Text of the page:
He Led His People Through the End of an Era
BY JAMES CRUTCHFIELD
Of all the Indian chiefs in Montana tribal history few have commanded more respect than Plenty Coups, one of the last of the great Crow leaders.
The Crows were a sizable tribe of Siouan-speaking people who migrated from the Dakotas to Montana near the end of the eighteenth century. When white explorers and fur traders discovered them, they were living along the Yellowstone and Bighorn rivers. They called themselves Absa-roka, which meant “children of the large-beaked bird.”
Margaret Carrington, wife of Colonel Henry Carrington, who built Fort Phil Kearney along the Bozeman Trail, described the Crow country as some of the most beautiful in America. In 1868, she wrote:
Partially girt in by the Big Horn and Panther Mountains, yet roaming at will, they were masters of a region of country which has no peer in its exhaustless game resources…while its natural scenery, made up of snowy crests, pine-clad slopes and summits, crystal waters, and luxuriant vales, certainly has no rival in our great sisterhood of States.
The Crows were constantly at war with their neighbors, particularly the Sioux, Cheyenne, and Blackfeet tribes. But they had a high regard for the trappers and traders who followed Lewis and Clark into the area.
The Crows were a handsome people. George Catlin, the renowned American artist who visited the tribe in the l830s, described the men as “fine looking, with an ease and grace added to their dignity of manners… most of them six feet tall or more… and many have cultivated their hair to such an almost incredible length that it sweeps the ground as they walk.”
The women were likewise attractive and gifted at making beadwork and tanning leather. They made large tipis from tanned buffalo hides, and, according to Catlin, they “often dress the skins almost as white as linen, and beautifully garnish them with porcupine quills, and paint and ornament them in a variety of ways, as to render them exceedingly picturesque….”
Plenty Coups was born in 1848 near where Billings is today. As a boy, he witnessed the last days of the fur trade and the beginning of white immigration into tribal territory. As he reached manhood, he became one of the first of his people to realize that the only way his tribe—or any other—could survive was to adapt quickly to the white man’s ways. He spent the rest of his life attempting to lead the Crows peacefully through the transition from buffalo hunters to modern Montanans.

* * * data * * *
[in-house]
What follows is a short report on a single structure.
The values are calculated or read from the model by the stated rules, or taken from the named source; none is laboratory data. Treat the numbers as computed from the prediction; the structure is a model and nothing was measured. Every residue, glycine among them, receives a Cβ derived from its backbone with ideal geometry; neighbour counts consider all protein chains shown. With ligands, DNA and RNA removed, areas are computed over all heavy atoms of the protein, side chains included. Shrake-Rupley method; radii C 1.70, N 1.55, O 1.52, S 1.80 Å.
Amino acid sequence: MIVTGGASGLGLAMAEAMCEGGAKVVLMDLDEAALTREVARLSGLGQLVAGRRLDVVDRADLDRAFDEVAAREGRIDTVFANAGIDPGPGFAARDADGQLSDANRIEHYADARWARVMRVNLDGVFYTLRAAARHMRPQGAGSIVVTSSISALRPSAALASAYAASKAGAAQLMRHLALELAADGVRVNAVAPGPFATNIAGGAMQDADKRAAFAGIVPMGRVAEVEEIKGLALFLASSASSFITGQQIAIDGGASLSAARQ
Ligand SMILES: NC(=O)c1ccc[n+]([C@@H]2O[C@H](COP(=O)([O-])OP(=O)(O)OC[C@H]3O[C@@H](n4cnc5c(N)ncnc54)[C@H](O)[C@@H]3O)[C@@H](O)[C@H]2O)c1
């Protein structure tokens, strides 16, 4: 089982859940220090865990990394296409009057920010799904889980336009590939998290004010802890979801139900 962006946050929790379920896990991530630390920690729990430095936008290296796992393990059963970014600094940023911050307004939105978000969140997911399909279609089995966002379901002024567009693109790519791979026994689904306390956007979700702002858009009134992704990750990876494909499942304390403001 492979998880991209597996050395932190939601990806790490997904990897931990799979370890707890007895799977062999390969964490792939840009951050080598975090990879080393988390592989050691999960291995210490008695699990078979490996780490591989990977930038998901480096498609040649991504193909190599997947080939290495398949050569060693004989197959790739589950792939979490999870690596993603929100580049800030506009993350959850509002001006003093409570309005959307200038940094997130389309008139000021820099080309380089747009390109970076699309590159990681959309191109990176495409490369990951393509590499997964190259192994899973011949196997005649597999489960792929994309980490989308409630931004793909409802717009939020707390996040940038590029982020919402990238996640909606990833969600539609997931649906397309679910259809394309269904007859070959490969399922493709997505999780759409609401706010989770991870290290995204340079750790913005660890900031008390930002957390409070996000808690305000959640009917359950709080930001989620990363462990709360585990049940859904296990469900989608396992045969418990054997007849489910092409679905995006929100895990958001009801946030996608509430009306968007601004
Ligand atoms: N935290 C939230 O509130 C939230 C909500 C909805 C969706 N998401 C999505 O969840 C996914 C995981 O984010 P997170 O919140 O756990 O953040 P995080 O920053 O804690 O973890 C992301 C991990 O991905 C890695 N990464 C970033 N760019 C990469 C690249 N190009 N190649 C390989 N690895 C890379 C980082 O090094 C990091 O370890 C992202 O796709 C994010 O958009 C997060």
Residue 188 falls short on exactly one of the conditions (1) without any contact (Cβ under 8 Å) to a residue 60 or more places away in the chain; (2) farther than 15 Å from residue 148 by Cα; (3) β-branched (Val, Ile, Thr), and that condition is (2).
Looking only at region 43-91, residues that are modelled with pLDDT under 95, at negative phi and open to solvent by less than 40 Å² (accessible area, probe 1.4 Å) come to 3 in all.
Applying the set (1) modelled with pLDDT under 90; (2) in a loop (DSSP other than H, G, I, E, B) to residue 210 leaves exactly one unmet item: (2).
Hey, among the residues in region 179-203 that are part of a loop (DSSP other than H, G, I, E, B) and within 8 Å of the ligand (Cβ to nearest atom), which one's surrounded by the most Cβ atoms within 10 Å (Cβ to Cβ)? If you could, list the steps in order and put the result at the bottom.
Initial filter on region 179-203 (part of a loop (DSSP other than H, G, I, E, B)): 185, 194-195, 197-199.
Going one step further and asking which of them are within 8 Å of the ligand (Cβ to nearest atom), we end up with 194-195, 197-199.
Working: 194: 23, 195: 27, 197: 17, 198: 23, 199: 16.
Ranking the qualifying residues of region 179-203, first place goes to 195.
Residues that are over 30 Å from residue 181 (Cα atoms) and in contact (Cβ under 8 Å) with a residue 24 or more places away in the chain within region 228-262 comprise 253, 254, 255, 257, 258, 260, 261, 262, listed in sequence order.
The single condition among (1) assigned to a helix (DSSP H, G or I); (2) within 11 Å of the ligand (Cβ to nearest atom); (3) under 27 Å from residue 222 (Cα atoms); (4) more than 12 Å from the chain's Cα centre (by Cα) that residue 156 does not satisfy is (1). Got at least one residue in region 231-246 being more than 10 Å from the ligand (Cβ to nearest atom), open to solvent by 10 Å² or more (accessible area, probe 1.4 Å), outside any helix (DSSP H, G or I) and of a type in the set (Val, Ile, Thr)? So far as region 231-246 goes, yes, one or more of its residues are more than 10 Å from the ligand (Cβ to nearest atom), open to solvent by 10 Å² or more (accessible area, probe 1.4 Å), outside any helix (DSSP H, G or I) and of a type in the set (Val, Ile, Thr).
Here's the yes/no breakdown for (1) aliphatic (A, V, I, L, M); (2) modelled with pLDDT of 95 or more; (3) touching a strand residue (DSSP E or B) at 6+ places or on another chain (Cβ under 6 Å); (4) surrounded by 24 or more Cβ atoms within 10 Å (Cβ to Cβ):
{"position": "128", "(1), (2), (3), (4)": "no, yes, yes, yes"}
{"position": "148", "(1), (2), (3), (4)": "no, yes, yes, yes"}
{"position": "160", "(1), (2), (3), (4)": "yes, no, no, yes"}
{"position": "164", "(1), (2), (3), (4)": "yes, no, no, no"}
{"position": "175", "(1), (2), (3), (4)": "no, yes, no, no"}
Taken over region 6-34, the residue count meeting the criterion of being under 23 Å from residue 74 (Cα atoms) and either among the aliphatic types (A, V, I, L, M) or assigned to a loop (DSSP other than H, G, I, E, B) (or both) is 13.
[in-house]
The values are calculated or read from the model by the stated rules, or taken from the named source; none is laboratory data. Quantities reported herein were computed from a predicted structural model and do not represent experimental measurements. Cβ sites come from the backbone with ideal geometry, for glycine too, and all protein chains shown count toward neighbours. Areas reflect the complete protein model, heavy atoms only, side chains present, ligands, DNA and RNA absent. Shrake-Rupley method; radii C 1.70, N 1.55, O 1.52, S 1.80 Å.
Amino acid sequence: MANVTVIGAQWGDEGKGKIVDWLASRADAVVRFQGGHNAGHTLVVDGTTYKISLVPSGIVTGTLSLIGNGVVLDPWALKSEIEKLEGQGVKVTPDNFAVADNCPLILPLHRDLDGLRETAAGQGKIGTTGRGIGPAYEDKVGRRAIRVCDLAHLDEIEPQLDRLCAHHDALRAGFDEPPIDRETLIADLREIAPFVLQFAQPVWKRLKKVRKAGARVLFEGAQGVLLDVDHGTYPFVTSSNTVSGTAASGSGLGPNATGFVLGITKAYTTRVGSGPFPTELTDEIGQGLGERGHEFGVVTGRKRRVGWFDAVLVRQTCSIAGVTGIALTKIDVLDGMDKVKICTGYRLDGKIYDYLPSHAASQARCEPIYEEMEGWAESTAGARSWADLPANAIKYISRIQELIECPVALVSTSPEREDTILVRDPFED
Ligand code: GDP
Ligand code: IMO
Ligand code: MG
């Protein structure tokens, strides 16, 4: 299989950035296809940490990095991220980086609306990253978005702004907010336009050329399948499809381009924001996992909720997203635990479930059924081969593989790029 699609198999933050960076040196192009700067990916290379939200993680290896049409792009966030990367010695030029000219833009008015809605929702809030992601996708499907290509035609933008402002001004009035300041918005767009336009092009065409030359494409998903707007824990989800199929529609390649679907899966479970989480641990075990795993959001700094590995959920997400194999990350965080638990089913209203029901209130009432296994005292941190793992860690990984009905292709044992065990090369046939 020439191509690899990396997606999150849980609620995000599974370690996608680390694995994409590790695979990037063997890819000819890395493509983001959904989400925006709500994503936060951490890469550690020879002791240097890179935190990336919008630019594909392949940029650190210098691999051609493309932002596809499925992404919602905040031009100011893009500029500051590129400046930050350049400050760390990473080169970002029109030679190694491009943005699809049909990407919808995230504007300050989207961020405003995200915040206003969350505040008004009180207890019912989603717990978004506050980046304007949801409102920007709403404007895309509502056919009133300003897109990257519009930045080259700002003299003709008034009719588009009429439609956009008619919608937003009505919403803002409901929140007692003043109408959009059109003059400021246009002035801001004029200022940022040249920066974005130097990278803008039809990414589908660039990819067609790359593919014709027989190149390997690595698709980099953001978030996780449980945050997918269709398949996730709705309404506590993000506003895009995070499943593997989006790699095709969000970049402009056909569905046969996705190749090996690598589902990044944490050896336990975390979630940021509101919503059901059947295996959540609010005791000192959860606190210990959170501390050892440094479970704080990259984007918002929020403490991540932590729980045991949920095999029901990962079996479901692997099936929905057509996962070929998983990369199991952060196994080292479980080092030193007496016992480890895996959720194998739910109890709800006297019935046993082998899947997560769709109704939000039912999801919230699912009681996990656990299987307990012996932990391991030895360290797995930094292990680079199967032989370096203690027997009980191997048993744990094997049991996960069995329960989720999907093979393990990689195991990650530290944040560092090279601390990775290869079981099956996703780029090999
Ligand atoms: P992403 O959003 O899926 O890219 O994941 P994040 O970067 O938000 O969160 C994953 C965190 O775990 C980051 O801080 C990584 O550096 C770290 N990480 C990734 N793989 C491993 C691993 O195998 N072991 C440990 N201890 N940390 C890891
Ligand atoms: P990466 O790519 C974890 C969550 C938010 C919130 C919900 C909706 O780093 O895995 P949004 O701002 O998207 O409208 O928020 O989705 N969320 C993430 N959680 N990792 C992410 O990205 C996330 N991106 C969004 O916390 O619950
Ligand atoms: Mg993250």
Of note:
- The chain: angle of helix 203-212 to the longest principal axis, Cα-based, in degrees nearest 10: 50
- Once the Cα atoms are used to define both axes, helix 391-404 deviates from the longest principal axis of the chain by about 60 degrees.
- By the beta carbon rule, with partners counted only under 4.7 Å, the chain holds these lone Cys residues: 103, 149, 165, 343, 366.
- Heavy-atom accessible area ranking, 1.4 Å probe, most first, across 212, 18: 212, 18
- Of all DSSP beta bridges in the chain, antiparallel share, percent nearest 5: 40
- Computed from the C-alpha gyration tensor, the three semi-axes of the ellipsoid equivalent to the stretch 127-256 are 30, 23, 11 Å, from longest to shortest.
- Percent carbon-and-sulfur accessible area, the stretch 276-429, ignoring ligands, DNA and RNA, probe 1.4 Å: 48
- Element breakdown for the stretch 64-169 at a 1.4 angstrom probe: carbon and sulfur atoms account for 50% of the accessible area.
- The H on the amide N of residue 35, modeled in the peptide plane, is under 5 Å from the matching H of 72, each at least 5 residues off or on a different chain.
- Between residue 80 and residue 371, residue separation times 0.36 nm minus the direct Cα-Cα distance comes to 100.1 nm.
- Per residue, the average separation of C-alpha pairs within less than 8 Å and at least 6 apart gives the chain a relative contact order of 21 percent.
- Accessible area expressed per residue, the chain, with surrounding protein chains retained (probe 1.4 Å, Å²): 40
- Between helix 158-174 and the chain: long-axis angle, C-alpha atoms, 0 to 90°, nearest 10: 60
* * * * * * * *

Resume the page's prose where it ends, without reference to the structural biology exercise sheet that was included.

While learning from whites the things he needed to know to save his people from annihilation, Plenty Coups also gave important assis-tance to U.S. authorities. He furnished Crow scouts for Custer’s Sioux expedition in 1876, as well as for the Nez Perce campaign the following year. When the Northern Pacific Railroad considered running its line through parts of Montana, Plenty Coups offered his coopera-tion.
By 1904, Plenty Coups had become the principal chief of the Crow nation. As a man of obvious influence among his people, he traveled to Washington, D.C., several times and met with high ranking officials to discuss Indian affairs. When the United States went to war with Germany in 1917, Plenty Coups urged the young men of his nation to take up arms against the Central powers. Although he was almost seventy years old, the amicable chief even volunteered for the Army himself.
In 1921, Plenty Coups returned to Washington. This time he served as representative of all Native Americans at the dedication of the Tomb of the Unknown Soldier. The old chief demonstrated his elo-quence when he said:
“For the Indians of America I call upon the Great Spirit of the Red Men with gesture and chant and tribal tongue that the dead should not have died in vain, that war might end, that peace be purchased by the blood of Red Men and White.”
Once, during a visit to Mount Vernon, Plenty Coups decided he would like his home, like George Washington’s, to be memorialized as a lasting shrine and museum to his people. When he died in 1932, his wishes were observed, and today the Chief Plenty Coups Memorial State Monument stands near Pryor, a tribute to this remarkable Indian statesman.
Editor’s note: This account is one of thirty-four colorful historical stories in James A. Crutchfield’s It Happened in Montana (at local bookstores).